1 / 18

Multi-Commodity Flow Based Routing - PowerPoint PPT Presentation

Multi-Commodity Flow Based Routing. Set up ILP formulation for MCF routing Capacity of each edge in G is 2 Each edge in G becomes a pair of bi-directional arcs in F n 1 = { a,l }, n 2 = { i,c }, n 3 = { d,f }, n 4 = { k,d }, n 5 = { g,h }, n 6 = { b,k }. Flow Network.

I am the owner, or an agent authorized to act on behalf of the owner, of the copyrighted work described.

PowerPoint Slideshow about 'Multi-Commodity Flow Based Routing' - jory

Download Policy: Content on the Website is provided to you AS IS for your information and personal use and may not be sold / licensed / shared on other websites without getting consent from its author.While downloading, if for some reason you are not able to download a presentation, the publisher may have deleted the file from their server.

- - - - - - - - - - - - - - - - - - - - - - - - - - E N D - - - - - - - - - - - - - - - - - - - - - - - - - -
Presentation Transcript

• Set up ILP formulation for MCF routing

• Capacity of each edge in G is 2

• Each edge in G becomes a pair of bi-directional arcs in F

• n1 = {a,l}, n2 = {i,c}, n3 = {d,f}, n4 = {k,d}, n5 = {g,h}, n6 = {b,k}

Practical Problems in VLSI Physical Design

• Each arc has a cost based on its length

• Let xek denote a binary variable for arc e w.r.t. net k

• xek= 1means net k uses arc e in its route

• Total number of x-variables: 16 × 2 × 6 = 192

Practical Problems in VLSI Physical Design

• Minimize

Practical Problems in VLSI Physical Design

• Utilize demand constant

• zvk= 1 means node v is the source of net k (= −1 if sink)

• Total number of z-constants: 12 × 6 = 72

Practical Problems in VLSI Physical Design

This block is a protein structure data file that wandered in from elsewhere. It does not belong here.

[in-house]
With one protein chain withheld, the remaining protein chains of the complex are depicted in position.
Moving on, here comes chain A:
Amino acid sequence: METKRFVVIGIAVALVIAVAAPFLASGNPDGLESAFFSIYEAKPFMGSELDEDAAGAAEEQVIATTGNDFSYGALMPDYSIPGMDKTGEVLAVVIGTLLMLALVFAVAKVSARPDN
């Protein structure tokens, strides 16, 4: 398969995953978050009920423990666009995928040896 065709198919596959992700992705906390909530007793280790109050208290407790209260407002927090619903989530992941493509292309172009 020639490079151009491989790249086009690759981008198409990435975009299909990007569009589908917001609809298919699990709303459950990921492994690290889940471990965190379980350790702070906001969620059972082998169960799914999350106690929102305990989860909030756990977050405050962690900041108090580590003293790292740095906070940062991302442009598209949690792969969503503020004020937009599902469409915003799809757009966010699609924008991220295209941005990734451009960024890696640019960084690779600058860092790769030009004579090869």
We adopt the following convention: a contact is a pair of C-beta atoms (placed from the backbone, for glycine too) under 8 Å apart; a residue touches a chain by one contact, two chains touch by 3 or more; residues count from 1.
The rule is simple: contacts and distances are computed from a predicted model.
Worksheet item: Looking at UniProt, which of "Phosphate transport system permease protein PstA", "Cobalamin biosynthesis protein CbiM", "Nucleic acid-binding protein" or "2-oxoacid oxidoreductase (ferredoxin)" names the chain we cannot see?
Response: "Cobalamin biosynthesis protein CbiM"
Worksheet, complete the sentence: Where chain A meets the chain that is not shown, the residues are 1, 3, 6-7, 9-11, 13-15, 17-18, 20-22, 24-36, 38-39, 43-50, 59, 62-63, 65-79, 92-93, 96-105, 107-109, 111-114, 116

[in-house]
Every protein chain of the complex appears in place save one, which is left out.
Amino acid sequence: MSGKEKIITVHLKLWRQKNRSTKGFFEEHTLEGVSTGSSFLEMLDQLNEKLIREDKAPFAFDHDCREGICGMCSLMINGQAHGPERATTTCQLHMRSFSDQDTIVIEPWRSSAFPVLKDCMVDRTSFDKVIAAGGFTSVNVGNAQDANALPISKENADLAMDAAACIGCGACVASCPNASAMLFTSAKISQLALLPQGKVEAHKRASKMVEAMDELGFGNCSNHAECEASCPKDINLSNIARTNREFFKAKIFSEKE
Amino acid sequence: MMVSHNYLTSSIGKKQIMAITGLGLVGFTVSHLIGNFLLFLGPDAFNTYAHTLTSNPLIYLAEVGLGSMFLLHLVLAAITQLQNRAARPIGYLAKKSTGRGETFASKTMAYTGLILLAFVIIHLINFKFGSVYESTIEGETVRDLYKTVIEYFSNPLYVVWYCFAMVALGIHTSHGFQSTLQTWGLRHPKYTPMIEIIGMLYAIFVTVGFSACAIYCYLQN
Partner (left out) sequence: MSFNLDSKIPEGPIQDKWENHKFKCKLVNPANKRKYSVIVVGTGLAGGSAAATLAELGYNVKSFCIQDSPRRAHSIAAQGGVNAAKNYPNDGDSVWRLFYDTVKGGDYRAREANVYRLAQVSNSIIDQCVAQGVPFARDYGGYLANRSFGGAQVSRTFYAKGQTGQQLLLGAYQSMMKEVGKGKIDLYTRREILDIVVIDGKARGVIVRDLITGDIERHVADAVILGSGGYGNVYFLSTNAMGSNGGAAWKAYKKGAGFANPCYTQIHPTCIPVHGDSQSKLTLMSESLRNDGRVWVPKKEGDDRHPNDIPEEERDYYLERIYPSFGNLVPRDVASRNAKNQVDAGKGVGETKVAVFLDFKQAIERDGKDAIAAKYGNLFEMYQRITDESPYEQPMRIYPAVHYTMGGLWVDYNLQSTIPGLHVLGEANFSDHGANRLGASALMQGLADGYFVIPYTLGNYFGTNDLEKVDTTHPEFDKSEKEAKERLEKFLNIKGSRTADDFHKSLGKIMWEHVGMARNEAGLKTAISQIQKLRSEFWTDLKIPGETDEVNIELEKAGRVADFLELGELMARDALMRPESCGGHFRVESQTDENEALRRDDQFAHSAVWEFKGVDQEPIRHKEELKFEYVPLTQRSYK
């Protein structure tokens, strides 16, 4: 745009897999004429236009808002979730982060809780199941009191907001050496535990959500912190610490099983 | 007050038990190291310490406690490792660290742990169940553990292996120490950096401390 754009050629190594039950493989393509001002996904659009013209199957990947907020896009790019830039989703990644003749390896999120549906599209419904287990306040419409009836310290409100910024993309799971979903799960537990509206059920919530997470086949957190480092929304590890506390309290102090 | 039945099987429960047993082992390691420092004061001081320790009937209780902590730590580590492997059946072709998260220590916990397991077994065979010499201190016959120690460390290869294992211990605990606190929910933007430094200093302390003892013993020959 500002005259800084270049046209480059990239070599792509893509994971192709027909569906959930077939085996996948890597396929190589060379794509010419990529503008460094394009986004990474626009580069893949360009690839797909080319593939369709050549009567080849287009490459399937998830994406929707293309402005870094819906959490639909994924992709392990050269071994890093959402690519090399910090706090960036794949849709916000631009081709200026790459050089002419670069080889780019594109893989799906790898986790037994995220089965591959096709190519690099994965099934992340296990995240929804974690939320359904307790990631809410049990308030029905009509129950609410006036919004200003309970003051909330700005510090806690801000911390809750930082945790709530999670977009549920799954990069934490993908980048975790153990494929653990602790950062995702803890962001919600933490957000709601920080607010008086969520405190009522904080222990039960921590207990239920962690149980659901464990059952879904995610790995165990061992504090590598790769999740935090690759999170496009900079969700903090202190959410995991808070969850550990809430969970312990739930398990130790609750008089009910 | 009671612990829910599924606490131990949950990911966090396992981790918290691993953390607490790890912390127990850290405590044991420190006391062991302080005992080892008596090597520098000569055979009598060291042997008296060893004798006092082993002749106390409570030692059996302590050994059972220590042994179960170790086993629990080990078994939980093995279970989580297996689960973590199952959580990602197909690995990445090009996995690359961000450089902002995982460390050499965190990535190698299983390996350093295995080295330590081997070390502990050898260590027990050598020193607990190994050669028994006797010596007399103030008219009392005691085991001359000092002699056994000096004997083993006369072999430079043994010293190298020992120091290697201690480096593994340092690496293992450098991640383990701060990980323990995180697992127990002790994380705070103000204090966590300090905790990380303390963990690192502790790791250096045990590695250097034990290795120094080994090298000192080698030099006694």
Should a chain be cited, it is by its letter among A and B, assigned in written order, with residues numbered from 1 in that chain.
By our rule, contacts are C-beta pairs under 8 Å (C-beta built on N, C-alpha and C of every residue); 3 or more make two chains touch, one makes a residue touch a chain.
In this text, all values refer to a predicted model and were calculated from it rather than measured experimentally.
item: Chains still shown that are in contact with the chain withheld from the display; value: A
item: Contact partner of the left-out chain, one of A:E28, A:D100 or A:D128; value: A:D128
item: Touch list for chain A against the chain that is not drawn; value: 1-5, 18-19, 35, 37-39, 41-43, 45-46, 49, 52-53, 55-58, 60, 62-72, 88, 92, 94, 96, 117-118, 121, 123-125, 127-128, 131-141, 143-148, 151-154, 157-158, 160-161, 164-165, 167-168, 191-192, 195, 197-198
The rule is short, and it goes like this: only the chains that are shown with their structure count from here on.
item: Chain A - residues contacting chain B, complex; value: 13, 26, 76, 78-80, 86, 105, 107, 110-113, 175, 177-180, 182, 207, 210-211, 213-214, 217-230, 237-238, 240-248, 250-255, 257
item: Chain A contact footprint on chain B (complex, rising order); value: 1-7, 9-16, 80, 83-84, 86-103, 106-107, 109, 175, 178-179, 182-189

• Node a: source of net n1

Practical Problems in VLSI Physical Design

• Node b: source of net n6

Practical Problems in VLSI Physical Design

• Each edge in the routing graph allows 2 nets

Practical Problems in VLSI Physical Design

• Min-cost: 108 (= sum of WL), 22 non-zero variable

Practical Problems in VLSI Physical Design

• Net 6 is non-optimal

• Due to congestion

Practical Problems in VLSI Physical Design

• ILP is non-scalable

• Runtime quickly increases with bigger problem instances

• Shragowitz and Keel presented a heuristic instead

• Called MM (MiniMax) heuristic [1987]

• Repeatedly perform shortest path computation and rip-up-and-reroute

Practical Problems in VLSI Physical Design

• Initial set up: shortest path computation

• Ignore capacity, some paths are not unique

Practical Problems in VLSI Physical Design

• Step 1

• Capacity of channel c(e,f) and c(d,i) is violated

• Max overflow M1 = 3 − 2 = 1 > 0, so we proceed

• Notation: channel c(e,f) represents arc pair (e,f) and (f,e)

Practical Problems in VLSI Physical Design

• Step 2

• Set of channels with overflow of M1: J1 = {c(d,i), c(e,f)}

• Set of channels with overflow of M1 and M1− 1 : J10 = {c(a,d), c(e,h), c(i,j), c(j,k), c(d,i), c(e,f)}

• Step 3

• Cost of J10 = {c(a,d), c(e,h), c(i,j), c(j,k), c(d,i), c(e,f)} is ∞

Practical Problems in VLSI Physical Design

• Step 4

• Set of nets using channels in J1: K1 = {n1, n2, n3, n4, n5, n6}

• Set of nets using channels in J10: K10 = K1

Practical Problems in VLSI Physical Design

• Step 5

• Compute shortest paths for nets in K1 using new cost (= Step 3)

• n1 & n6 have non-infinity cost, so we proceed

Practical Problems in VLSI Physical Design

• Step 6

• Net with minimum wirelength increase between n1 & n6: k0 = n1

Practical Problems in VLSI Physical Design

• Step 7

• Use new routing for n1

• Wirelength didn’t change, but congestion improved

Practical Problems in VLSI Physical Design

• Details in the book

• Use new routing for n3

• Wirelength increased (due to detour in n3), but congestion improved

Practical Problems in VLSI Physical Design